LenSar: New Laser Cure for Cataracts
NEW YORK, Nov. 5 A new laser therapy that can potentially remove cataracts from people's eyes more efficiently and with greater precision was presented on October 24, 2009 at the American Academy of Ophthalmology (AAO) annual meeting. The technology, currently undergoing clinical trials outside the USA, was developed by LenSar, a start-up company which is in a head-to-head competition with two other players to be the first to commercialize the technology. LenSar plans to start treating patients if the FDA will consider the results of the remaining trials to be both safe and effective.
Although the new device will cost more than existing technologies, the speed of surgery may compensate for that by allowing more procedures to be performed in less time. The new LenSar laser cataract device is designed to be safer and easier to use, and it is believed that most cataract surgeons can learn to use it to perform surgeries with less complications. The laser will allow for the use of "premium" implants which set up bifocal vision as well as provide a better way to treat astigmatism.
Cataracts are presently treated with a devise known as a Phacoemulsifier, which uses ultrasound waves to break up the contents of the cataract and was nicknamed in the mid-seventies a "laser". This 35 years old device is generally very safe, however results are largely dependent on the individual surgeon's skills. LenSar suggests that their laser will make cataract surgery easier to perform, perhaps transforming average eye surgeons into surgeons equipped with safer and better technology, benefitting the three million patients who undergo cataract surgery annually in the U.S.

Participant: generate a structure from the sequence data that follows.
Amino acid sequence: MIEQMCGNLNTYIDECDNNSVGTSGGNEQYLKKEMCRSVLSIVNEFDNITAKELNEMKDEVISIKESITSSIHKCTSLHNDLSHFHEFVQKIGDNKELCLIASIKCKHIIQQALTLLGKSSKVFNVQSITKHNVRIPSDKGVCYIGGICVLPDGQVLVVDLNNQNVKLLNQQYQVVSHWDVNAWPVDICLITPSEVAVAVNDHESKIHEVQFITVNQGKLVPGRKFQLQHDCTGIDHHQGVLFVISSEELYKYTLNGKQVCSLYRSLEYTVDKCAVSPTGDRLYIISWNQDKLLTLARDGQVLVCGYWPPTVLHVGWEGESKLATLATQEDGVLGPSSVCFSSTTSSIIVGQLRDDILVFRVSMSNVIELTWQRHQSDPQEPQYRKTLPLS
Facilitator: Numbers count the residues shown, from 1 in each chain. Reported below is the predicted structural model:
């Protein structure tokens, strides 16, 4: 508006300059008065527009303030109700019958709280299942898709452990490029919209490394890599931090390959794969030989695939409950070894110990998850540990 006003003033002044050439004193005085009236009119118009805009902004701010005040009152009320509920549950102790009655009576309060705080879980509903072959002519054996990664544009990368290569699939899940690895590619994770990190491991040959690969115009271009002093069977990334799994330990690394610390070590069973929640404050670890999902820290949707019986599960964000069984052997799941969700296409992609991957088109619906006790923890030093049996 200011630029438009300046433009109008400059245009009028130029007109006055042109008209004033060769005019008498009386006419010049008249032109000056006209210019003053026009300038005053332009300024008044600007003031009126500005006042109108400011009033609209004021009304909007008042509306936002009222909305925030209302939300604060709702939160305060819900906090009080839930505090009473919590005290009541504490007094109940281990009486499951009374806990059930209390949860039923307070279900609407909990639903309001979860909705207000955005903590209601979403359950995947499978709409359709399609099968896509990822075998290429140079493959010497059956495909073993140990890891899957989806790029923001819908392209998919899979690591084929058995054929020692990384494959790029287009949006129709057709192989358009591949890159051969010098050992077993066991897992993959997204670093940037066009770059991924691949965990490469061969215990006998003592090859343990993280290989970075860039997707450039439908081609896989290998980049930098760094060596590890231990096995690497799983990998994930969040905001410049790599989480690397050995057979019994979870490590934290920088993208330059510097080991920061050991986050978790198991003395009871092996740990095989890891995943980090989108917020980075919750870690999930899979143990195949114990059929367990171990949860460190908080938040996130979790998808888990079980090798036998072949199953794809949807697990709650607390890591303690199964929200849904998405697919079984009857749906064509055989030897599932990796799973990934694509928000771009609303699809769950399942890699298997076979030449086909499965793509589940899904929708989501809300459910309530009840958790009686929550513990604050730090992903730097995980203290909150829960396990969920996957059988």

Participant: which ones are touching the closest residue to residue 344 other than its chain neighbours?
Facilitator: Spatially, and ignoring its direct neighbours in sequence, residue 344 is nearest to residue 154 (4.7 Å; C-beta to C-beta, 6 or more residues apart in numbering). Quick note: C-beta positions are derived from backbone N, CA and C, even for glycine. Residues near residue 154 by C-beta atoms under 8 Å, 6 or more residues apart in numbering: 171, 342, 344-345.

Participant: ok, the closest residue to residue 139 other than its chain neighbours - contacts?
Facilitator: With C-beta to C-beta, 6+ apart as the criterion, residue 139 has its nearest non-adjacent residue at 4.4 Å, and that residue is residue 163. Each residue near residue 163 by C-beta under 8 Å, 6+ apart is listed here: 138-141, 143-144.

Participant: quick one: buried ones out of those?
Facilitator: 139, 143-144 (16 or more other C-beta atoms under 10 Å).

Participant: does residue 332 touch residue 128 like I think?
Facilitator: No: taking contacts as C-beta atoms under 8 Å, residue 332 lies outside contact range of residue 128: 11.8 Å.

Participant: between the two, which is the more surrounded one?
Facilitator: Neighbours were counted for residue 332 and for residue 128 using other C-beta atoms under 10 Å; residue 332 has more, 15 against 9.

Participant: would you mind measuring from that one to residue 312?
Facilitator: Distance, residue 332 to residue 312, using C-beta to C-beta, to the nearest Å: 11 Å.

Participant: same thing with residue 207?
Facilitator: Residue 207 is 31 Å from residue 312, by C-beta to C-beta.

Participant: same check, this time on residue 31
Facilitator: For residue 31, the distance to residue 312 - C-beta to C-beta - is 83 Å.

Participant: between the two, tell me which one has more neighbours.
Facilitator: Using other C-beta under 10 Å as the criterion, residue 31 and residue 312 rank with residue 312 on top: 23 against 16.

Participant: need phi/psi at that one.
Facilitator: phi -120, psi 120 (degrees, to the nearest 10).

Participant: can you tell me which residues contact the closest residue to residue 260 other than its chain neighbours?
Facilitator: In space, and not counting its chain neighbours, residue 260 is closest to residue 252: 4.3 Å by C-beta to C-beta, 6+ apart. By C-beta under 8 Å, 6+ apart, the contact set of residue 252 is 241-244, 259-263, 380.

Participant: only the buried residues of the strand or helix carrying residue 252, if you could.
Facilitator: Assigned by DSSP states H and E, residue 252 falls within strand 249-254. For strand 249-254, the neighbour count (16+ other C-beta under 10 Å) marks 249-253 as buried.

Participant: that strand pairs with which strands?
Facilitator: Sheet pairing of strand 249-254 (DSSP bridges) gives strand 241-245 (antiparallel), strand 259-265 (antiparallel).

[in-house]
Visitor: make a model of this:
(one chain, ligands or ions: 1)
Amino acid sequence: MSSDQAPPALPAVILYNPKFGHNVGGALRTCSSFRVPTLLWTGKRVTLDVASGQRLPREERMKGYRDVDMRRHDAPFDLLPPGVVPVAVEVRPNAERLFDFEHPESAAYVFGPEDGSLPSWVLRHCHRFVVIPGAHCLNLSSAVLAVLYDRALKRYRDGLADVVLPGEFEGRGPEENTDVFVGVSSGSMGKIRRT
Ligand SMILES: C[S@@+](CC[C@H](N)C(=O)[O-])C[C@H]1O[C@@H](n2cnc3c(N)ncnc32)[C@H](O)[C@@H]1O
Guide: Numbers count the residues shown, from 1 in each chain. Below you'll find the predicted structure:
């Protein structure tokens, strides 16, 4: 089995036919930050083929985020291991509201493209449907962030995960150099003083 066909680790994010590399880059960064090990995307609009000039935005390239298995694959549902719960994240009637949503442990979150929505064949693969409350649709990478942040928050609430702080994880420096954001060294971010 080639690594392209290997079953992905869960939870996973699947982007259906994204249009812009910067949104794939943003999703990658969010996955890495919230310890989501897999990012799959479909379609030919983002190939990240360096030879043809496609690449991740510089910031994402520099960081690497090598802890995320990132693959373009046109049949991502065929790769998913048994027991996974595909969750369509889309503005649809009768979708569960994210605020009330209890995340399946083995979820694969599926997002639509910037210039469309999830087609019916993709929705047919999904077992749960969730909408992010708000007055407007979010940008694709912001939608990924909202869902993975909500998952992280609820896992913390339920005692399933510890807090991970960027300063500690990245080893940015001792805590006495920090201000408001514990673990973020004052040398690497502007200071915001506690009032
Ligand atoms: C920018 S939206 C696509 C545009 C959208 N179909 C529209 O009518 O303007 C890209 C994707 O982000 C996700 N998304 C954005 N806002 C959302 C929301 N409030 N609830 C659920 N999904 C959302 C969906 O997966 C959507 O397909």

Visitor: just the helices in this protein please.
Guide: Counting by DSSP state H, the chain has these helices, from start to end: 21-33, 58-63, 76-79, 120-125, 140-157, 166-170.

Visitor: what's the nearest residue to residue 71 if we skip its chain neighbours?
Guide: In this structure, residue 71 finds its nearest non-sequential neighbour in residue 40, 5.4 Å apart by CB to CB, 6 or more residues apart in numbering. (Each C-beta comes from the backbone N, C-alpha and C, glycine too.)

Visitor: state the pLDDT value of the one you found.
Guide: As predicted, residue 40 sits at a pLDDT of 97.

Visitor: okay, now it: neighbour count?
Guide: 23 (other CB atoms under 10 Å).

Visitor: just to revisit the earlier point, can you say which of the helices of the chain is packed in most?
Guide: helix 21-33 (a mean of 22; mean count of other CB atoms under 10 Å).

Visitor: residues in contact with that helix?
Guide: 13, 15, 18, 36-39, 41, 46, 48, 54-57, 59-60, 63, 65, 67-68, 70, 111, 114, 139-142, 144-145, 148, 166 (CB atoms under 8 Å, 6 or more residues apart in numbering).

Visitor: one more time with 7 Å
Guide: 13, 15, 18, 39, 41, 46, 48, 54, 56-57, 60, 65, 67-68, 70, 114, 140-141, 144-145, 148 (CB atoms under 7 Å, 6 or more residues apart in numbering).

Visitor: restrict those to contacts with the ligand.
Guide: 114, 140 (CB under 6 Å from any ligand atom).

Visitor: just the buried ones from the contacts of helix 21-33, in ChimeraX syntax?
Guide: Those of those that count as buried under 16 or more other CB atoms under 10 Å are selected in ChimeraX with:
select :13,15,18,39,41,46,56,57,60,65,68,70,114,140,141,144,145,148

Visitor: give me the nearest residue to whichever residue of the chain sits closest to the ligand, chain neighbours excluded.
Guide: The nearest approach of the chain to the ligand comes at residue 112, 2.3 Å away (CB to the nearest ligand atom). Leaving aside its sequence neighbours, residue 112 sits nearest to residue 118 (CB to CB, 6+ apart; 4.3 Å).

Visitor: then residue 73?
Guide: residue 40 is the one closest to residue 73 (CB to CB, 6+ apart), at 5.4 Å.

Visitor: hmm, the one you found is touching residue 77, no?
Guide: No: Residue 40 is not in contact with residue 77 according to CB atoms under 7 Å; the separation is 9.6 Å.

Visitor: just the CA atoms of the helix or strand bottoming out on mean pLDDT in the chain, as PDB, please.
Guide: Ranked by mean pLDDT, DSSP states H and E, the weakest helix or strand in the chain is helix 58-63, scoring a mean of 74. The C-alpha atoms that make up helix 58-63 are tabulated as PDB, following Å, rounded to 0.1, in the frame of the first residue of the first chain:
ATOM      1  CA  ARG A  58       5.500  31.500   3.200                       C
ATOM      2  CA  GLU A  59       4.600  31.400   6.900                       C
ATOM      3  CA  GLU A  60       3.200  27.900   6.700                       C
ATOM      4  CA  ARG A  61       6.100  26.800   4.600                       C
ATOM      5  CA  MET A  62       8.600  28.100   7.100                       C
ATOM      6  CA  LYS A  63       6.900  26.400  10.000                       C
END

LenSar's CEO, Randy Frey, Ph.D., a well-acclaimed scientist known best for the Lasik laser he developed, formed LenSar in 2004 which has had about 100 operations performed outside of the U.S. with promising results. Although his cataract laser concept has spurred competing companies, Frey claims that he holds important patent applications which allow the company to focus on R&D and pay less attention to competitors. It is his belief that LenSar's patents will prevail and will have a legal claim on any such devices, regardless of their maker.
The real financial benefit for LenSar is not in the sale of the laser but in the "royalty-like" fee that is paid to the company each time the laser is used. Laser eye surgery devices by companies such as Alcon, Bausch and Lomb, and AMO have generated billions in revenue using this "click fee" strategy.
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